There has been a recent run of upsets in the UFC, but that won’t necessarily influence what happens when favourite Robbie Lawler defends his welterweight title against Tyron Woodley in the main event at UFC 201 in Atlanta on Saturday.
So far in 2016, underdogs have prevailed in 91 of 242 fights in the promotion, at 37.6 per cent – within a percentage point of the 38.5 per cent upset rate in 2015. The underdog has also won four of the last six title fights. That probably matters less than the contrast in styles between Lawler, the -185 betting favourite at sportsbooks monitored by OddsShark.com, and Woodley, a +150 underdog.
Lawler’s biggest advantage, of course, is a lack of rust. Woodley has not fought in more than 18 months and there is no substitute for the real thing. Lawler also has a strong enough base of the wrestling techniques to cancel out Woodley’s strength in that area. Lawler is listed at +140 to win by technical knockout and +220 to take a decision, while Woodley’s corresponding props are +350 and +525.
In the co-main event, +180 underdog Karolina Kowalkiewicz faces -230 favourite Rose Namajunas, with the winner likely to get a title shot against strawweight champion Joanna Jedrzejczyk. Namajunas is on a three-fight winning streak as she vies for a second shot at the belt — she fought Carla Esparza for the inaugural 115-pound title after The Ultimate Fighter 20. One concern with Namajunas is that the 24-year-old’s willingness to trade strikes could work to her detriment against Kowalkiewicz, who typically lands far more blows than her opponents.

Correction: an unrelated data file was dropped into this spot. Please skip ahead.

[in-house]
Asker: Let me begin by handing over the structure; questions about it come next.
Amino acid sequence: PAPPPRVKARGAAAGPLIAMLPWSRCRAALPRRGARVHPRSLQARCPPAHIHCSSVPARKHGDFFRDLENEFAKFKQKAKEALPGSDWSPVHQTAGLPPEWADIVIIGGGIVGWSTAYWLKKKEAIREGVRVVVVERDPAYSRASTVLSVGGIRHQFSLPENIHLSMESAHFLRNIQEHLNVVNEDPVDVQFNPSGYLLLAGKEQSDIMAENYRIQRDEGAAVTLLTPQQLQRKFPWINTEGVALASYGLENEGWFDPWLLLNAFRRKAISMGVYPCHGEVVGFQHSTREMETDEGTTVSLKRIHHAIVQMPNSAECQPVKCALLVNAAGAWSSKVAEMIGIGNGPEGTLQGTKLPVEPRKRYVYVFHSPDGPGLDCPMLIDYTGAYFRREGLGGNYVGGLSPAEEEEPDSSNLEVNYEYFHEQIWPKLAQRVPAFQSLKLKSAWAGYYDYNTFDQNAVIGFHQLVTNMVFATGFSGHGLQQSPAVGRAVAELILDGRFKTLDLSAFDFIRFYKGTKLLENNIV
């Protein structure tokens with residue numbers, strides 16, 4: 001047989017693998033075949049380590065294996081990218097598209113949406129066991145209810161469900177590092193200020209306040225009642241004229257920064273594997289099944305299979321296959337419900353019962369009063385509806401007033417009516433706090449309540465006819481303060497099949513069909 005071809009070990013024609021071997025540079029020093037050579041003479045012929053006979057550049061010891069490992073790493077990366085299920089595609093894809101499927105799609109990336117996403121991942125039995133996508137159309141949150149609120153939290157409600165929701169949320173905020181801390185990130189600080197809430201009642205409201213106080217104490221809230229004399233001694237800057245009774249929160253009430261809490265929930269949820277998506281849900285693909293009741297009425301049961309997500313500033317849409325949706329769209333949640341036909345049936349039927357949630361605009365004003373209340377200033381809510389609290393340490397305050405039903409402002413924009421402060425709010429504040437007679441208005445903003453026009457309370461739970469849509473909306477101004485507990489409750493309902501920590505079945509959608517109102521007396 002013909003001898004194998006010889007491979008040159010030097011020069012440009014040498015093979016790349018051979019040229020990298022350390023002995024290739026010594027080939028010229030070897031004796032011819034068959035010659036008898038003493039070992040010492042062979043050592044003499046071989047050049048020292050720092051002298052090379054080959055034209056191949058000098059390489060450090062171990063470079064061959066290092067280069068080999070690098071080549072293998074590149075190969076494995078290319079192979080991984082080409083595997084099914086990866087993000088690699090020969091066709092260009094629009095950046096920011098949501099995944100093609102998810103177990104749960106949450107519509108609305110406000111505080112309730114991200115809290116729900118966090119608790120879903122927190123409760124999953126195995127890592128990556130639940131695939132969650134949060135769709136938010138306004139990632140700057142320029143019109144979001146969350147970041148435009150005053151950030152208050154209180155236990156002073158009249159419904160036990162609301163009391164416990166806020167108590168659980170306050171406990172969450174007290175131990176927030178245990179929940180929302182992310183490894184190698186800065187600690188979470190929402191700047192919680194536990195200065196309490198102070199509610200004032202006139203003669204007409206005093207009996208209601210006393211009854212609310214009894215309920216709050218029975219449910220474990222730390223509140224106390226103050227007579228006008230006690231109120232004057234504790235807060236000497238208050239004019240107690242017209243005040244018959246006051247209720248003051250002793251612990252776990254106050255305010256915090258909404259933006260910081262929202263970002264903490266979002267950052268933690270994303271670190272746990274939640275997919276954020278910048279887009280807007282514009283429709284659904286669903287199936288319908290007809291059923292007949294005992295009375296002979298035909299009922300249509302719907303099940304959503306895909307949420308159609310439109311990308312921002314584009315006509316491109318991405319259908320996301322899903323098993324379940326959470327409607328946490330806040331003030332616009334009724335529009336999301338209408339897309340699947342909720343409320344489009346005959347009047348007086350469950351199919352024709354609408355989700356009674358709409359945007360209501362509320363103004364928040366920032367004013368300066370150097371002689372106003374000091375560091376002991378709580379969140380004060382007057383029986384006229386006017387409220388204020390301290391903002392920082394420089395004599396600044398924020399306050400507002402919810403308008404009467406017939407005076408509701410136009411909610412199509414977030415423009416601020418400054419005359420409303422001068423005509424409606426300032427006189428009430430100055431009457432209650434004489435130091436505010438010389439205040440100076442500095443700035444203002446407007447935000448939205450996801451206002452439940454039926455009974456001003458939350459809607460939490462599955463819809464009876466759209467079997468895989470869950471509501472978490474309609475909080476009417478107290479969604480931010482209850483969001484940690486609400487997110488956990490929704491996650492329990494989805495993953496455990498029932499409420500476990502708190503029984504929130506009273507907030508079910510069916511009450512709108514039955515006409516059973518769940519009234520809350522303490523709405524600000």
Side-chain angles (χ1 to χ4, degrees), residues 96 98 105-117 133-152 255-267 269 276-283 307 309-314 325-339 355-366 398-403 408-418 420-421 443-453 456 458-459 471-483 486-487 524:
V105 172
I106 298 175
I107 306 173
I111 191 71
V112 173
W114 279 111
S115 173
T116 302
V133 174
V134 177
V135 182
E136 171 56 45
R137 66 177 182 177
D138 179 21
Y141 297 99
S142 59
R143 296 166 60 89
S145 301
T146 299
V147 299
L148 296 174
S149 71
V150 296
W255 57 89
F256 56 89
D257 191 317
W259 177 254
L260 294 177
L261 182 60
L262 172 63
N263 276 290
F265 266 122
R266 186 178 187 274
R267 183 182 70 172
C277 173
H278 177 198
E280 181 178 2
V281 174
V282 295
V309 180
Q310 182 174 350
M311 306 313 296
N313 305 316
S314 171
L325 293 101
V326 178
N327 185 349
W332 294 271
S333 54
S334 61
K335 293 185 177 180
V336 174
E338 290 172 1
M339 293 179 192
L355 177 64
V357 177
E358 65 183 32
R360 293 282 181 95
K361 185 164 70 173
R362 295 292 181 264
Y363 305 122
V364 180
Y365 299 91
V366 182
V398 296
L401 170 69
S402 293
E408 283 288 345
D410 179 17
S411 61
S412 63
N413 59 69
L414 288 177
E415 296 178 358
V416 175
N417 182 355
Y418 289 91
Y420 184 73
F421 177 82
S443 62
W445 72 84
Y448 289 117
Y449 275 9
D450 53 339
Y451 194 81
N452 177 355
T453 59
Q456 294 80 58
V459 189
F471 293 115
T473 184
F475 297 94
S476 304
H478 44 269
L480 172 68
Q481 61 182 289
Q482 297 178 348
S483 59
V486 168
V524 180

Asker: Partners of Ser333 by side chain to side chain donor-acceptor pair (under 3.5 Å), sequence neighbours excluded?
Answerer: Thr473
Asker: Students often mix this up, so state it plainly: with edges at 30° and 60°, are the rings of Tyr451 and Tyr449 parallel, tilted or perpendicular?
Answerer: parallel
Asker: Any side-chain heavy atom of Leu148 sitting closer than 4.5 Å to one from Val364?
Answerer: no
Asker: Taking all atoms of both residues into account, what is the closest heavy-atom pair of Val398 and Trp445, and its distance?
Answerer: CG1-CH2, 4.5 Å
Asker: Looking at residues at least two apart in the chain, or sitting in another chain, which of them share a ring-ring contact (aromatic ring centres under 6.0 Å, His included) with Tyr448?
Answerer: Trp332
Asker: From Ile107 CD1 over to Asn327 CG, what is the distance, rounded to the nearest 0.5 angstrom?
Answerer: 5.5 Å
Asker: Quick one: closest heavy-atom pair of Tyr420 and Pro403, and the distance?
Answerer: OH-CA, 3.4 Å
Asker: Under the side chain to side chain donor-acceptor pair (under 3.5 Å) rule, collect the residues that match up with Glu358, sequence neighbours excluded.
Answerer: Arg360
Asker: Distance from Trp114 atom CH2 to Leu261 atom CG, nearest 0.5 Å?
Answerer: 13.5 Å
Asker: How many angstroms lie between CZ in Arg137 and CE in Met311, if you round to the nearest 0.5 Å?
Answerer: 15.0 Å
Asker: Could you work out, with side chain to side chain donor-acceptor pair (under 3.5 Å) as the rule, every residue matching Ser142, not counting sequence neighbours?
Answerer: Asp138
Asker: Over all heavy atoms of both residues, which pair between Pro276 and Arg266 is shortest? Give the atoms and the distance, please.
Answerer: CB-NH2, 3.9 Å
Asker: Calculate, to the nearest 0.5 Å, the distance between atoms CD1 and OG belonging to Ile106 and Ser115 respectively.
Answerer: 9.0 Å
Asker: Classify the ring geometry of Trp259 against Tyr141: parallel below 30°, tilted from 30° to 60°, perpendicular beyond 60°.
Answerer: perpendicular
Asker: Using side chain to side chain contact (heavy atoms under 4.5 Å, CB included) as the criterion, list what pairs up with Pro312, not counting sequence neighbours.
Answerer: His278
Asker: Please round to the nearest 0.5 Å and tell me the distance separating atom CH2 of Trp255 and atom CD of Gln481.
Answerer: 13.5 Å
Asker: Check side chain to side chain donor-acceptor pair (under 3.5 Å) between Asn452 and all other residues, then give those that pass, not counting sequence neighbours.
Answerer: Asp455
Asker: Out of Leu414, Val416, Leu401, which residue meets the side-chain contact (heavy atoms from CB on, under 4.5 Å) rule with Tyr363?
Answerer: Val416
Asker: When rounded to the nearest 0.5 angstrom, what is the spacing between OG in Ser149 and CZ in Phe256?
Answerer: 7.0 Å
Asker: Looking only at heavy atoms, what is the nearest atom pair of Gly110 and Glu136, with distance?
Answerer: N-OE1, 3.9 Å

In a bantamweight bout, 26-year-old Erik Perez is a slight -140 favourite on the UFC 201 betting lines against heavy-punching 35-year-old Francisco Rivera, who is listed at -110. Perez has never lost by TKO, which attests to the stamina he can bring to bear against Rivera, who has eight career knockout wins. The longer the fights last, the better the opportunity for Perez.
The matchup between Matt Brown (-315) and Jake Ellenberger (+245) is intriguing since both veteran welterweights are desperate for a win. Ten of Brown’s 14 career losses have come via submission, and Ellenberger might be focused more on the ground-and-pound game in order to make up for a lack of lethal striking power. That said, it’s understandable if bettors are skittish about backing Ellenberger, who is 1-5 in his last six fights.